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I have a multidimensional array which currently does not accept initializer_list initialization, but I want to allow that. However, it seems I can't specify an arbitrary number of nesting for std::initializer_list based on a template argument.

// e.g. 5D array:
array<int, 5> arr(10, 5, 20, 34, 10); // the integers are the lengths of each dimension.

// This is what I'm trying to achieve on top of the above:
// creates the array and initializes it
array<int, 5> arr{ {{{{0, 1}}}}, {{{{1, 1}}}} };

// class signature:
// template <template T, unsigned dimensions> array { ... }
// --> where T is the array element type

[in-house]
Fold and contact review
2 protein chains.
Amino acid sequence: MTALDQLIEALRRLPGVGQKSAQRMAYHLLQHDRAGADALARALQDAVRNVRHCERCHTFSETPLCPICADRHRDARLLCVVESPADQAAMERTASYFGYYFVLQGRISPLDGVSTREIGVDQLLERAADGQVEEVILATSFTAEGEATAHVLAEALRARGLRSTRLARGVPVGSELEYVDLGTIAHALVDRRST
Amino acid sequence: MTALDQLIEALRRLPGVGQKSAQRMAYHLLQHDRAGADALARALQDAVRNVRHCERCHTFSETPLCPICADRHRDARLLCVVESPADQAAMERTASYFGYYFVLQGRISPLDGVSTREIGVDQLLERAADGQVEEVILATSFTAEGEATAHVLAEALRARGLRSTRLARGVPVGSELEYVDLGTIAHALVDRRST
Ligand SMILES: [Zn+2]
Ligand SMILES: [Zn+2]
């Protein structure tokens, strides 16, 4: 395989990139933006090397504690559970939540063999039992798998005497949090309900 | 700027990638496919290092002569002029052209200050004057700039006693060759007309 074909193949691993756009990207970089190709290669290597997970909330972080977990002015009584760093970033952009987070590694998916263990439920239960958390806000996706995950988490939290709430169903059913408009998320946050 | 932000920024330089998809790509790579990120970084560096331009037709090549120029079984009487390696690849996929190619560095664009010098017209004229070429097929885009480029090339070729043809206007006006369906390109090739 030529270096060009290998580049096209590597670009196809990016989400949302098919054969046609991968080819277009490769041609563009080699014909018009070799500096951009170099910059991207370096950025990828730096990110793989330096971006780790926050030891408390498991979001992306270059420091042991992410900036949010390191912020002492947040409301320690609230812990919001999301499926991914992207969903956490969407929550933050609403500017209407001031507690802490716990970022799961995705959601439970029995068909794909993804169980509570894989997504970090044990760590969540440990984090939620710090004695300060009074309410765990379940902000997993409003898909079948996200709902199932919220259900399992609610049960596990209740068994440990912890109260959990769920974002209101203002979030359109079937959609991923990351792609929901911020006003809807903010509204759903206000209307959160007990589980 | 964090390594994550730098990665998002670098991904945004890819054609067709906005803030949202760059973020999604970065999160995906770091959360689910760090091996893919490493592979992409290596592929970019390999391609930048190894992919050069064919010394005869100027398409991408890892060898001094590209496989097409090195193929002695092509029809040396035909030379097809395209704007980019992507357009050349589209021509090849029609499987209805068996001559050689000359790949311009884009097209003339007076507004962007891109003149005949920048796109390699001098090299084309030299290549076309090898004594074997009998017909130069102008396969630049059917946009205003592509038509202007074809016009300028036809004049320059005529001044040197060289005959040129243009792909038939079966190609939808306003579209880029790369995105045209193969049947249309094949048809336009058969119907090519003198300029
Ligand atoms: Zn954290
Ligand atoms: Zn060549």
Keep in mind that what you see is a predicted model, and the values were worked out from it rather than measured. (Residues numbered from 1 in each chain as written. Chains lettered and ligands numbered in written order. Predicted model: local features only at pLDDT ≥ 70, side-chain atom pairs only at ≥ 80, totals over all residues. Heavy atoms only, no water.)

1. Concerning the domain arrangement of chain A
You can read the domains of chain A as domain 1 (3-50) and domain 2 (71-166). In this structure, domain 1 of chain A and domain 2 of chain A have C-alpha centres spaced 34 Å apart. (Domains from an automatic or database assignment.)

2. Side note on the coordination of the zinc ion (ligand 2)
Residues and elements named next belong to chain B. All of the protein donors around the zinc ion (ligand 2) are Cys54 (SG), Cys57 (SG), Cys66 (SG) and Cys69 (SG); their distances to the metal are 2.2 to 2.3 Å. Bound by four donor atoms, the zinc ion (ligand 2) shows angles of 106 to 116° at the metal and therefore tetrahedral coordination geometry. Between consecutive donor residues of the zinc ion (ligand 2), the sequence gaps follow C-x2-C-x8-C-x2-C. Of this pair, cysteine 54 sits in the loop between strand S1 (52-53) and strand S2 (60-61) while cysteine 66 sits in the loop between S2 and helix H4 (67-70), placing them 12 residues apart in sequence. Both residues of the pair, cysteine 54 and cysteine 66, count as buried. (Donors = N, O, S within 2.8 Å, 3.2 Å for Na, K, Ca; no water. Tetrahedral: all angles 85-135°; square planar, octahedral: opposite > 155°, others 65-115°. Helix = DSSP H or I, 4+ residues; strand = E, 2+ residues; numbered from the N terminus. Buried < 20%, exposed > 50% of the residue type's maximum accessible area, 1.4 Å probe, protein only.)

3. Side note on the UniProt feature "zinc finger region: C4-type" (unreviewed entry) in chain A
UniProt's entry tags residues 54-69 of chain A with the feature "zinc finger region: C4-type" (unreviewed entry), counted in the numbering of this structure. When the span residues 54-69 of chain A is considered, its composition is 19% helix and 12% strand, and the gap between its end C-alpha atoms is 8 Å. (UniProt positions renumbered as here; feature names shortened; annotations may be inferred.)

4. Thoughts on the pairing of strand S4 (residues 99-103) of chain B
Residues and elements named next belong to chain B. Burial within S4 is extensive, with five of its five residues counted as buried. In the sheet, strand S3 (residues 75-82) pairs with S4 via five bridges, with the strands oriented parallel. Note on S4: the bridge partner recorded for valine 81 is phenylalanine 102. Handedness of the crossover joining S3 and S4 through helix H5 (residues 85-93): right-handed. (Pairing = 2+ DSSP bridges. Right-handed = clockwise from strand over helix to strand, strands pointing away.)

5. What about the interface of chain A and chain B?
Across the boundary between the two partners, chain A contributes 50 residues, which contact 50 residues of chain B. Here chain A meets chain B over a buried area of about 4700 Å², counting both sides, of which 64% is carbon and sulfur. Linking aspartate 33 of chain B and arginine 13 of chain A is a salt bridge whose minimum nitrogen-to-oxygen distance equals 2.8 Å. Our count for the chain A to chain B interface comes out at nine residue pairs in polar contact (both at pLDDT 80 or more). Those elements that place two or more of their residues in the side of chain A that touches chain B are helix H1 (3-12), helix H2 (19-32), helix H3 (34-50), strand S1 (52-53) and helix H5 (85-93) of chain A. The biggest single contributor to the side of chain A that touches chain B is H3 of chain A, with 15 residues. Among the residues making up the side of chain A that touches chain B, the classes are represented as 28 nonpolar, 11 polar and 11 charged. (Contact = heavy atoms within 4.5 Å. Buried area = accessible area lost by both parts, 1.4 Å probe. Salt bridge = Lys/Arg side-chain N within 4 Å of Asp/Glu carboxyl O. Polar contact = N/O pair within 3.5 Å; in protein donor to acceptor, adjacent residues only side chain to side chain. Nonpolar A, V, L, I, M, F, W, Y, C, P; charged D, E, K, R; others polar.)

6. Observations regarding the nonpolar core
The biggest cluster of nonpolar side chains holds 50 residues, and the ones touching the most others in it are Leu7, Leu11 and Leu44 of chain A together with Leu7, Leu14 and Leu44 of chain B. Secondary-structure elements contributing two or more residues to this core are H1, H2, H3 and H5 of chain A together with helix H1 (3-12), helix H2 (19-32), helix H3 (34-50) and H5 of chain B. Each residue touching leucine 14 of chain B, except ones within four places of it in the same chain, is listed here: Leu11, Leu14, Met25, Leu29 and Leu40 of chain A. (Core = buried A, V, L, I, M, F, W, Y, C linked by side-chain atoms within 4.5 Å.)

The answer does not necessarily have to use std::initializer_list.

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4  
Well, array<T, 1> should accept an initializer_list<T>, and array<T, N> should accept an initializer_list<array<T, N-1>>... –  Kerrek SB Dec 3 '12 at 2:22
    
Do you really mean 5d array, or just a 2d array with uneven columns (jagged array)? –  Jesse Good Dec 3 '12 at 2:33
    
@JesseGood: True multidimensional array. –  Zach Saw Dec 3 '12 at 2:37
    
@ZachSaw: So, to access an element, you would do something like this array[1][1][1][1][1];? –  Jesse Good Dec 3 '12 at 2:44
    
@JesseGood: arr(1,1,1,1,1). –  Zach Saw Dec 3 '12 at 2:44

1 Answer 1

I think this should work:

template<typename BASE, int N>
struct nested {
  typedef std::initializer_list<typename nested<BASE,N-1>::initializer_list> initializer_list;
};

template<typename BASE>
struct nested<BASE,0> {
  typedef BASE initializer_list;
};


template<typename BASE, int N>
struct multi {
  multi(typename nested<BASE,N>::initializer_list& init) {
  };
};

Unfortunately, neither of my versions of gcc have working initializer_list support, so I can't test this properly.

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